NDSU Extension offers management considerations for delaying cattle marketing

NDSU Extension
Farm Forum

The livestock industry faces challenging times during the coronavirus pandemic.

“When packing plants can’t schedule a slaughter date, producers are challenged on how to manage delaying the marketing of their cattle,” says Karl Hoppe, Extension livestock systems specialist at North Dakota State University’s Carrington Research Extension Center.

The most urgent class of cattle to manage are fed slaughter cattle. When maintained on the current ration, these cattle will continue to grow and increase fat deposition. This will lead to heavier carcass weights and higher marbling scores that increase the value per head. However, overweight and/or overly fat carcasses (yield grade 4 and 5) will lead to discounted pricing.

During the last weeks of feeding cattle to finish, cattle increase the amount of fat on their body, resulting in poorer feed efficiency and higher cost of gain, according to Hoppe.

“From a feed efficiency and cost of gain perspective, delaying timely marketing of cattle is not cost effective,” he says.

If cattle are several months away from harvest, decreasing the energy content of the ration and reducing gain is an option. This can be done by increasing the roughage in the ration from 5% to 7% to 10% to 15%. If roughage is unavailable, limiting feeding is an option when adequate bunk space is available.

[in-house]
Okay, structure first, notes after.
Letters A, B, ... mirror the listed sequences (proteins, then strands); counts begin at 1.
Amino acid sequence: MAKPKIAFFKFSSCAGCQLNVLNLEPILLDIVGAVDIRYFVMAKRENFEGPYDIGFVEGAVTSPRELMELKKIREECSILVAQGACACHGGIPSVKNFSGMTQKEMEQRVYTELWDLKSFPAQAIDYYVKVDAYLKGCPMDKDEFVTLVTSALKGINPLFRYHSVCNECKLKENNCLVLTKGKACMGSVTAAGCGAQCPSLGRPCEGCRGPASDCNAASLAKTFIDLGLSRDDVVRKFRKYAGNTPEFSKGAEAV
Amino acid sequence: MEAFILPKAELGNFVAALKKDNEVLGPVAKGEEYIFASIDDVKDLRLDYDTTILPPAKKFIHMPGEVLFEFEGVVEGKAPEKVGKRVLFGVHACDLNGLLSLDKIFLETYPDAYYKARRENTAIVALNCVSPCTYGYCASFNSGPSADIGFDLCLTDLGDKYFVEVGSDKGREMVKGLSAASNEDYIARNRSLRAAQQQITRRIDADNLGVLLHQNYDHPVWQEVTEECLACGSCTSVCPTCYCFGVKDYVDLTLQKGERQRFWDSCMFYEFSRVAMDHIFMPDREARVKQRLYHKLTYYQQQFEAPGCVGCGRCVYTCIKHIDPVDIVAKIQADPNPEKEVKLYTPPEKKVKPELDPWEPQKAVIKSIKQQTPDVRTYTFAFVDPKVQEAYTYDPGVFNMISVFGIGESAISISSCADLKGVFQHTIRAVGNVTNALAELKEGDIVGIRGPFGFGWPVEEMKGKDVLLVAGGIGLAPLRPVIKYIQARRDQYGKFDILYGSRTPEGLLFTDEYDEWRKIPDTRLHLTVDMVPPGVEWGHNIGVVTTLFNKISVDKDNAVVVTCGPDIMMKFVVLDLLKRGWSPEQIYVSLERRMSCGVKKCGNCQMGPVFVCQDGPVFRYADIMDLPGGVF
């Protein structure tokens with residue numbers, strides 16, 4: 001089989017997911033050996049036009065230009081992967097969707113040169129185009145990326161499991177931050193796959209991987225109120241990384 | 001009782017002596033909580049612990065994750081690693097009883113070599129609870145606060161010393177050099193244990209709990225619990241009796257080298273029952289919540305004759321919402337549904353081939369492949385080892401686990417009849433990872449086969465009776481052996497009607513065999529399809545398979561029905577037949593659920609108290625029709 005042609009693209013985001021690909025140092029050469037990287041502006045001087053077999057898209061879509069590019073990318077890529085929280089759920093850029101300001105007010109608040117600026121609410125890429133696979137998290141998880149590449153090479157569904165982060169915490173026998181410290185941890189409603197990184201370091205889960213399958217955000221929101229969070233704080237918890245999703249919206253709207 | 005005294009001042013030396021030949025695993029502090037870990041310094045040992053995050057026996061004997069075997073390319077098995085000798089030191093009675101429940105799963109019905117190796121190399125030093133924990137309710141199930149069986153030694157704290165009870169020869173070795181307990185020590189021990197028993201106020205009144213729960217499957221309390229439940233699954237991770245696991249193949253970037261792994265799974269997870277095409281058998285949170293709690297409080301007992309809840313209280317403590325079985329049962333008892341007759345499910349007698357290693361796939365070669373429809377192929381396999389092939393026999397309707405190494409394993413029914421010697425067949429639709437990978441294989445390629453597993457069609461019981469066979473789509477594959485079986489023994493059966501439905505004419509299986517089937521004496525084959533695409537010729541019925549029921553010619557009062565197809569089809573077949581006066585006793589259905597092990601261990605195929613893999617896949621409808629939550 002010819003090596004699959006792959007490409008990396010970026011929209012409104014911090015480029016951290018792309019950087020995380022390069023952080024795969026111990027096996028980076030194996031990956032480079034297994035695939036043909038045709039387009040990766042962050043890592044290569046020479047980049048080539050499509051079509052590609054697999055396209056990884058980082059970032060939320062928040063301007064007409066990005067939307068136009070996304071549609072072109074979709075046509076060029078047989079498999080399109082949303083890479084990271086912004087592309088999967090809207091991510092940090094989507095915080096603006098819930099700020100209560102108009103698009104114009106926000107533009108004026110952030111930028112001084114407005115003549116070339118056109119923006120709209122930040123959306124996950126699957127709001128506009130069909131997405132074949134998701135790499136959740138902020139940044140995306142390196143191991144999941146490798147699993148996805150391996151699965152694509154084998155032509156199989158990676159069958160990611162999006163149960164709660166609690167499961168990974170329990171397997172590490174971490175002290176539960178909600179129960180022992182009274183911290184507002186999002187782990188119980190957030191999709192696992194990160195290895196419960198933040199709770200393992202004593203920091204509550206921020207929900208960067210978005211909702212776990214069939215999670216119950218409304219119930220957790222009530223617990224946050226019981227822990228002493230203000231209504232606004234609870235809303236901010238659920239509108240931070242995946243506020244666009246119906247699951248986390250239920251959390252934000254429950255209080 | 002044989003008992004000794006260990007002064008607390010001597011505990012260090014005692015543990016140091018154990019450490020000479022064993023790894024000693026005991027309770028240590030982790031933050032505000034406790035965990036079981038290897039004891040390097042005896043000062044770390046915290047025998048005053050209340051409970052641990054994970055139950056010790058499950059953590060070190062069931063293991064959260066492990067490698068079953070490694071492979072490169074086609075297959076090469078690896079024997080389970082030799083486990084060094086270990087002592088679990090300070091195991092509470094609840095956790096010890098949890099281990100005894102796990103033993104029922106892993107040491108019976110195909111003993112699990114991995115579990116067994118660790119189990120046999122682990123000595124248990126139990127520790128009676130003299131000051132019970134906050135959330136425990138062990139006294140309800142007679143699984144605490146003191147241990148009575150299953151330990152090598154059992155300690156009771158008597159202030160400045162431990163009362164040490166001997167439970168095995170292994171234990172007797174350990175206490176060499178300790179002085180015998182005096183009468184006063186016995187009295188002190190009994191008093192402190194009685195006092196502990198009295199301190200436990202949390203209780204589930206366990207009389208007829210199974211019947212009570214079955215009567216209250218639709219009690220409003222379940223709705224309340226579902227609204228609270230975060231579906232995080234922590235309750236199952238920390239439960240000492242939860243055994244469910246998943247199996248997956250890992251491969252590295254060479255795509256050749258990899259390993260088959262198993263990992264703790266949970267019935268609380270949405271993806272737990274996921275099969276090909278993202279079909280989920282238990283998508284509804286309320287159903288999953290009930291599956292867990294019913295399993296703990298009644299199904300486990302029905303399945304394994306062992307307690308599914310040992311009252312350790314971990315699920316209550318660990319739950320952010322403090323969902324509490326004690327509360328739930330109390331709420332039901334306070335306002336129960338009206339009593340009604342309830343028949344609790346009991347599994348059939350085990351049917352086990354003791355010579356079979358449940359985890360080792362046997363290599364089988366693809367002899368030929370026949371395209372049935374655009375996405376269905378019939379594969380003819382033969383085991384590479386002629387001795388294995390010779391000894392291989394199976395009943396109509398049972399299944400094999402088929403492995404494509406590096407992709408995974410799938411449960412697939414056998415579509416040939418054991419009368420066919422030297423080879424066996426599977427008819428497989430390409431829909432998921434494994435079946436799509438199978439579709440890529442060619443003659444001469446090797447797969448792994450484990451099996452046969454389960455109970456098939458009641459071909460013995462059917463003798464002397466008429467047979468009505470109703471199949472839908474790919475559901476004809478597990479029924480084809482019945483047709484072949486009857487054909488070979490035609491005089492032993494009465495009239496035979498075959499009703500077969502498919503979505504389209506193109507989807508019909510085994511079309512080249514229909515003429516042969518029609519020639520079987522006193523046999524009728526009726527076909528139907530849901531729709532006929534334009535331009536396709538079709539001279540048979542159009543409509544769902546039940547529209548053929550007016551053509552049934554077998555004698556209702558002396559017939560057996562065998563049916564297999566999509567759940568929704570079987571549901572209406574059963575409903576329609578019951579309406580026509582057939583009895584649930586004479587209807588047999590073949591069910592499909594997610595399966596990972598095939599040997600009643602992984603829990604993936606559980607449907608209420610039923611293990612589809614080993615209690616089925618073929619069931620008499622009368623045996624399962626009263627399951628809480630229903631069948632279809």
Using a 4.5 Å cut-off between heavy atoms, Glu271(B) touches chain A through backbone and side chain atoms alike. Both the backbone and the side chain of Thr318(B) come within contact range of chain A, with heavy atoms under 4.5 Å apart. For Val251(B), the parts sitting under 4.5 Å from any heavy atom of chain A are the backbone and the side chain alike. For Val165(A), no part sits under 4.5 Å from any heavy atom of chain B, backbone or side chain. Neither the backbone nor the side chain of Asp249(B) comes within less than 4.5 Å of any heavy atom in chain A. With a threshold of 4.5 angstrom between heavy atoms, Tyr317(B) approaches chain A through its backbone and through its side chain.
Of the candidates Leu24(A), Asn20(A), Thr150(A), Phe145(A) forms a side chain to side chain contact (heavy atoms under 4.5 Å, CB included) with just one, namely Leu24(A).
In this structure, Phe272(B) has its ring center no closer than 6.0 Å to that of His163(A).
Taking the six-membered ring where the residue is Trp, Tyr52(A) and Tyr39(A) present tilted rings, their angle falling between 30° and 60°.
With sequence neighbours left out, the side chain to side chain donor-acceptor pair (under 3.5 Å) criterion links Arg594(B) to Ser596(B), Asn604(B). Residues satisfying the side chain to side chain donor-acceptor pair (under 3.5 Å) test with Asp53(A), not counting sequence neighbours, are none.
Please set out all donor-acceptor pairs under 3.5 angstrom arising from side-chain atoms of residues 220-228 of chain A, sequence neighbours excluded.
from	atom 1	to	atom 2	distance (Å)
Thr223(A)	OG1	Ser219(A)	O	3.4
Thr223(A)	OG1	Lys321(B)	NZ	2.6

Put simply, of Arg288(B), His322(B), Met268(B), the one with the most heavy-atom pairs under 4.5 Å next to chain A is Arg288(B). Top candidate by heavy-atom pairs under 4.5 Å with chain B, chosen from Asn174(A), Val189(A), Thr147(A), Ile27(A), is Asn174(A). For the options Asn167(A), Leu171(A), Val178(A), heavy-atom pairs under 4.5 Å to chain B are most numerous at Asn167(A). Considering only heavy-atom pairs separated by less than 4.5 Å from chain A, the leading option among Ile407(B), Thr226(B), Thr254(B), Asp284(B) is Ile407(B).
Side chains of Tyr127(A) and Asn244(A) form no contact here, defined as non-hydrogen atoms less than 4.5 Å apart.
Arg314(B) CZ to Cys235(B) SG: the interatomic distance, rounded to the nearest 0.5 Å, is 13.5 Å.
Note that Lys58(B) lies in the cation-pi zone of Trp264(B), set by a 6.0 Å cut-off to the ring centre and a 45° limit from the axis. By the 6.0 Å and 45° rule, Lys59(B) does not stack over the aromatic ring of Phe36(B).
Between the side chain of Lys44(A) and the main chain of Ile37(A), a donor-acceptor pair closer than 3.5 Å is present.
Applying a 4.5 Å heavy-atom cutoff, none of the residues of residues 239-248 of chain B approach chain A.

“Producers need to pay particular attention to feed delivery to match gain goals with feed provided,” Hoppe says. “It’s easy to overfeed or underfeed when limit feeding if cattle weights are not accurately identified and feed delivery adjusted accordingly.”

The classic approach to delaying marketing of cattle is putting the cattle on pasture. Making calves into yearlings by moderating winter growth and running them on grass during the summer puts these yearlings into a different marketing period.

This is accomplished easily with lighter weight cattle but not practical for cattle that have been fed for 3 or more pounds of average daily gain. The cost of gain needs to be considered and compared with the market price from delayed marketing.

Heifers exposed for breeding usually are bred artificially with timed breeding. In combination with a short breeding period and when pregnancy checked via ultrasound, the nonpregnant heifers can be sold to feedlots at an earlier date. Breeding heifers delays marketing by selling open heifer in late summer or bred heifers in the fall or winter.

Don’t use high-potency implants if the energy of the feed ration has been decreased (to delay marketing) because carcass marbling may be affected negatively. Either don’t reimplant or match implant potency and duration to the delayed marketing time.

“Delaying the marketing of finished (fat) cattle has profound impacts on subsequent carcass characteristics and may not be cost effective,” Hoppe says. “Delaying marketing of lighter weight cattle by either pasturing or backgrounding is routinely done with the goal of higher prices for cattle that are seasonally in less supply.”

These feedlot cattle wait for a slaughter date because the coronavirus pandemic has backlogged slaughter capacity.